Thankful Hearts

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The best years in our lives are, by design, the years we are blessed to have children of our own, under our roof, around our dining room table, and sleeping in bedrooms that we have nightly conversational access to! In good times and even difficult times, precious few life experiences can compare to the joy of hearing a tiny voice affectionately utter the words “mommy” or “daddy!” My grown kids still call me “daddy.” I wouldn’t trade that word for the world!

When worry and fear enter a home through politics, finances, personal failures, broken relationships, electronics, media, grades, sickness, etc., as parents, it’s easy to see how the sheer joy of the “there’s no place like home” can be stolen during these all-to-brief years of being a parent. The great antidote for worry and fear is developing a thankful heart. Thankfulness has been both biblically ordained and psychologically proven to be the key to a happy heart and the “tie that binds” relationships at home with bows of pleasure and ribbons of fulfillment.

That is why I like the month of November and the great American tradition that dates back to October 1621, when the courageous Pilgrims first celebrated their harvest from the newly founded American soil.

November is here, friends, which means Thanksgiving—big get-togethers with family and friends, and big meals built around roasted turkey. I think, last count, we will have 16-18 coming to celebrate around our family table. I can’t wait! I understand for many families this year, Covid-19 has caused our celebrations to look different than ever before. With Covid and politics in our face this month, it’s more important than ever that we take time to be thankful. Scripture, as always, lays out the mandate for a mindset that can reduce the angst that perhaps is tampering with your own heart, or is hindering a relationship in your home today.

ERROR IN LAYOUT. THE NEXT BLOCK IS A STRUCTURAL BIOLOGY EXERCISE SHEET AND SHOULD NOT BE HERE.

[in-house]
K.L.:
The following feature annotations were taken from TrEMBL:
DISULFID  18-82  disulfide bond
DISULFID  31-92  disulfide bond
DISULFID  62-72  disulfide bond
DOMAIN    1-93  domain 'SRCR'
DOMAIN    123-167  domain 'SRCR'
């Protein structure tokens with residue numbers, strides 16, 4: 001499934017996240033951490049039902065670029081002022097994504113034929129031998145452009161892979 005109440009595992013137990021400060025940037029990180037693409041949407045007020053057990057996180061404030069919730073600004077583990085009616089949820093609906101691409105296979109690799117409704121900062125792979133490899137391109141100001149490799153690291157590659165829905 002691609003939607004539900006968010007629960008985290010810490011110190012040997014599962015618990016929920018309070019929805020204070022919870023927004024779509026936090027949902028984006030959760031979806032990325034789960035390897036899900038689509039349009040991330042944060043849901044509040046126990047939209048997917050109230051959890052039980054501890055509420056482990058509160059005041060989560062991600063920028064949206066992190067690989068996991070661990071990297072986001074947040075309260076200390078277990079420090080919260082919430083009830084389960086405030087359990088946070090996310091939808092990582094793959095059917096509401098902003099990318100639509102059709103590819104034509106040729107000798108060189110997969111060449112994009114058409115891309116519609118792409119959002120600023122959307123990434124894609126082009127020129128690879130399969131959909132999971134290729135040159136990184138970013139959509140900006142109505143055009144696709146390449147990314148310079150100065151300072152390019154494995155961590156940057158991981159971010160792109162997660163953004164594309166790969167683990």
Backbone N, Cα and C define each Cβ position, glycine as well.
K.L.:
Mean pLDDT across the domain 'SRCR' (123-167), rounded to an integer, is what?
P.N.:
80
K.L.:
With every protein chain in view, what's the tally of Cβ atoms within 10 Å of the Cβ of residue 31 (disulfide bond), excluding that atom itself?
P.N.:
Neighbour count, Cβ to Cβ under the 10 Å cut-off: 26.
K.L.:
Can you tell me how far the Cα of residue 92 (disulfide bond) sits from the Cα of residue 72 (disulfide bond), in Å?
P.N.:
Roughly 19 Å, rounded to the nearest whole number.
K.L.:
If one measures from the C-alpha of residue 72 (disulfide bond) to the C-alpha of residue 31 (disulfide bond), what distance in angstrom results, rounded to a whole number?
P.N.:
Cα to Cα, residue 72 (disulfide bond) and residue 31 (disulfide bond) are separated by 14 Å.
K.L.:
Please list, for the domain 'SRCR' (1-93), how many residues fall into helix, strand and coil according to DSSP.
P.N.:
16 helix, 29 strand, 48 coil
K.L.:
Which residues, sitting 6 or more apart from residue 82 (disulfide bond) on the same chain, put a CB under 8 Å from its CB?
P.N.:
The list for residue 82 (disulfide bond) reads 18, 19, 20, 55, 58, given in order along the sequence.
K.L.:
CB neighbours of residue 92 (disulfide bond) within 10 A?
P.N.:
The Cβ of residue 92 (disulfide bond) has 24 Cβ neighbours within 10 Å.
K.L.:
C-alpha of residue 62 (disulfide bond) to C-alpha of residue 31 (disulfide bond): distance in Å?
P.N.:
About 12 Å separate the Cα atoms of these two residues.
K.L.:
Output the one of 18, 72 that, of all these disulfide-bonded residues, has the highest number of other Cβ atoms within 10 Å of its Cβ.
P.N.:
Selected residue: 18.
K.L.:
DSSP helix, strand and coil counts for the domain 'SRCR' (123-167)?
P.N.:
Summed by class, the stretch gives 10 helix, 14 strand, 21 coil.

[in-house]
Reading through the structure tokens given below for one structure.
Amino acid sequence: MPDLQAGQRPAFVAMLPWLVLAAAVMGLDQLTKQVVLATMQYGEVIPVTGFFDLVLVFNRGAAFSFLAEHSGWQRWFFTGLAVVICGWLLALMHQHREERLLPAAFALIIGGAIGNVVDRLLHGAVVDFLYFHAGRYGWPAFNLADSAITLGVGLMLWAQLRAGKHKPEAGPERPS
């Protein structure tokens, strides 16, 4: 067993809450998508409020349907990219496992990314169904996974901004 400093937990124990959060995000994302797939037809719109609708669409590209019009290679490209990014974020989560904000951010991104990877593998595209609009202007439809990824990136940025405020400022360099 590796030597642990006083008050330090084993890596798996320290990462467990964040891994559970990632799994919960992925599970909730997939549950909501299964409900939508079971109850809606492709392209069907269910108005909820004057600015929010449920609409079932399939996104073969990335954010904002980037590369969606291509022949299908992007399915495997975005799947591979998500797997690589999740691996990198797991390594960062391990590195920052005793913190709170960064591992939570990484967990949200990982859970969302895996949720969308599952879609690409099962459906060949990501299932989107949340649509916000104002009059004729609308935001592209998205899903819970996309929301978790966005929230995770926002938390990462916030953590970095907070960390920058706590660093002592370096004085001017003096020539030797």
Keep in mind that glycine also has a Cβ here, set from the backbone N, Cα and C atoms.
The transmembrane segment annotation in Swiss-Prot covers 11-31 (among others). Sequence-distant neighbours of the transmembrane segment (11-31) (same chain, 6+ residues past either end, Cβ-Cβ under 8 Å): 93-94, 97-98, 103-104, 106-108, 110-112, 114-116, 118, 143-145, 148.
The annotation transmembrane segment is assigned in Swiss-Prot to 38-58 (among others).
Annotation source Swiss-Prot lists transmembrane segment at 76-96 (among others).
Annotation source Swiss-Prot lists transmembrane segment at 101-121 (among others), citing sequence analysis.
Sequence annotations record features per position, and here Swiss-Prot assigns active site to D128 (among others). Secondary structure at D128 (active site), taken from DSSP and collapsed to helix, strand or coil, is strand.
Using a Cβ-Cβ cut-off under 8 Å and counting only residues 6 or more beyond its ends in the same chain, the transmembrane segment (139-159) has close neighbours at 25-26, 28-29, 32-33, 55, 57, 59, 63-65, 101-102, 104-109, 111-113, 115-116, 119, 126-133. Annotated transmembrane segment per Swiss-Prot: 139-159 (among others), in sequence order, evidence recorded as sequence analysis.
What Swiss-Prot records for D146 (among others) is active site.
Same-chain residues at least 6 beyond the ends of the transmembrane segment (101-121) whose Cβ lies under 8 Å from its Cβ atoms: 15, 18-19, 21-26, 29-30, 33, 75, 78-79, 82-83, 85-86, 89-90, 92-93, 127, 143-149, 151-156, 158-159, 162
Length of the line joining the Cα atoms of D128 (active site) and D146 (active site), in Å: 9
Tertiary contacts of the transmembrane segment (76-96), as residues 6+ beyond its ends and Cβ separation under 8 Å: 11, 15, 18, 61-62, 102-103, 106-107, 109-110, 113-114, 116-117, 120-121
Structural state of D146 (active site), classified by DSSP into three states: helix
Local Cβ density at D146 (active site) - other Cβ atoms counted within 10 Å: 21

“Do not be anxious about anything, but in everything by prayer and supplication WITH THANKSGIVING let your requests be made known to God. And the peace of God, which surpasses all comprehension, will guard your hearts and minds in Christ Jesus.” Philippians 4:6-7

So my suggestion, moms and dads, is that sometime this week, you sit down with each of your children and make a list of the things he or she is thankful for. If you write them down, it will work even better!

Then, every night at bedtime, pick one thing from the list, and make a point of praying about it with your child that night. In other words, reinforce the idea of expressing gratitude to God every day, all month long. (Hopefully it will become a 24-7-365 lifestyle!)

Here’s another idea: If some of the “things” on the thanksgiving list are actually people—loving grandparents, a good teacher, a close friend—help your child to write a note to one of them expressing gratitude to that person and the reasons for it. Do this once or twice a week until all the people on the list have received notes. Those dear folks will be greatly blessed, and your kids will also feel good about giving “attaboys” to the people they appreciate..

Many families have a tradition of saying things they are thankful for at Thanksgiving dinner, and that’s terrific. But I can’t help but imagine, as I pray for you while you’re reading this letter, what could happen inside your family if these daily habits begin in this month of Thanksgiving and continue onto the next day and the next…

“I will give thanks to the Lord with all my heart; I will tell of all Your wonders.” Psalm 9:1

Together for your kids,

Joe White

 

KEYWORDS: Behavior, Spiritual Identity, Purity, Relationships, Family,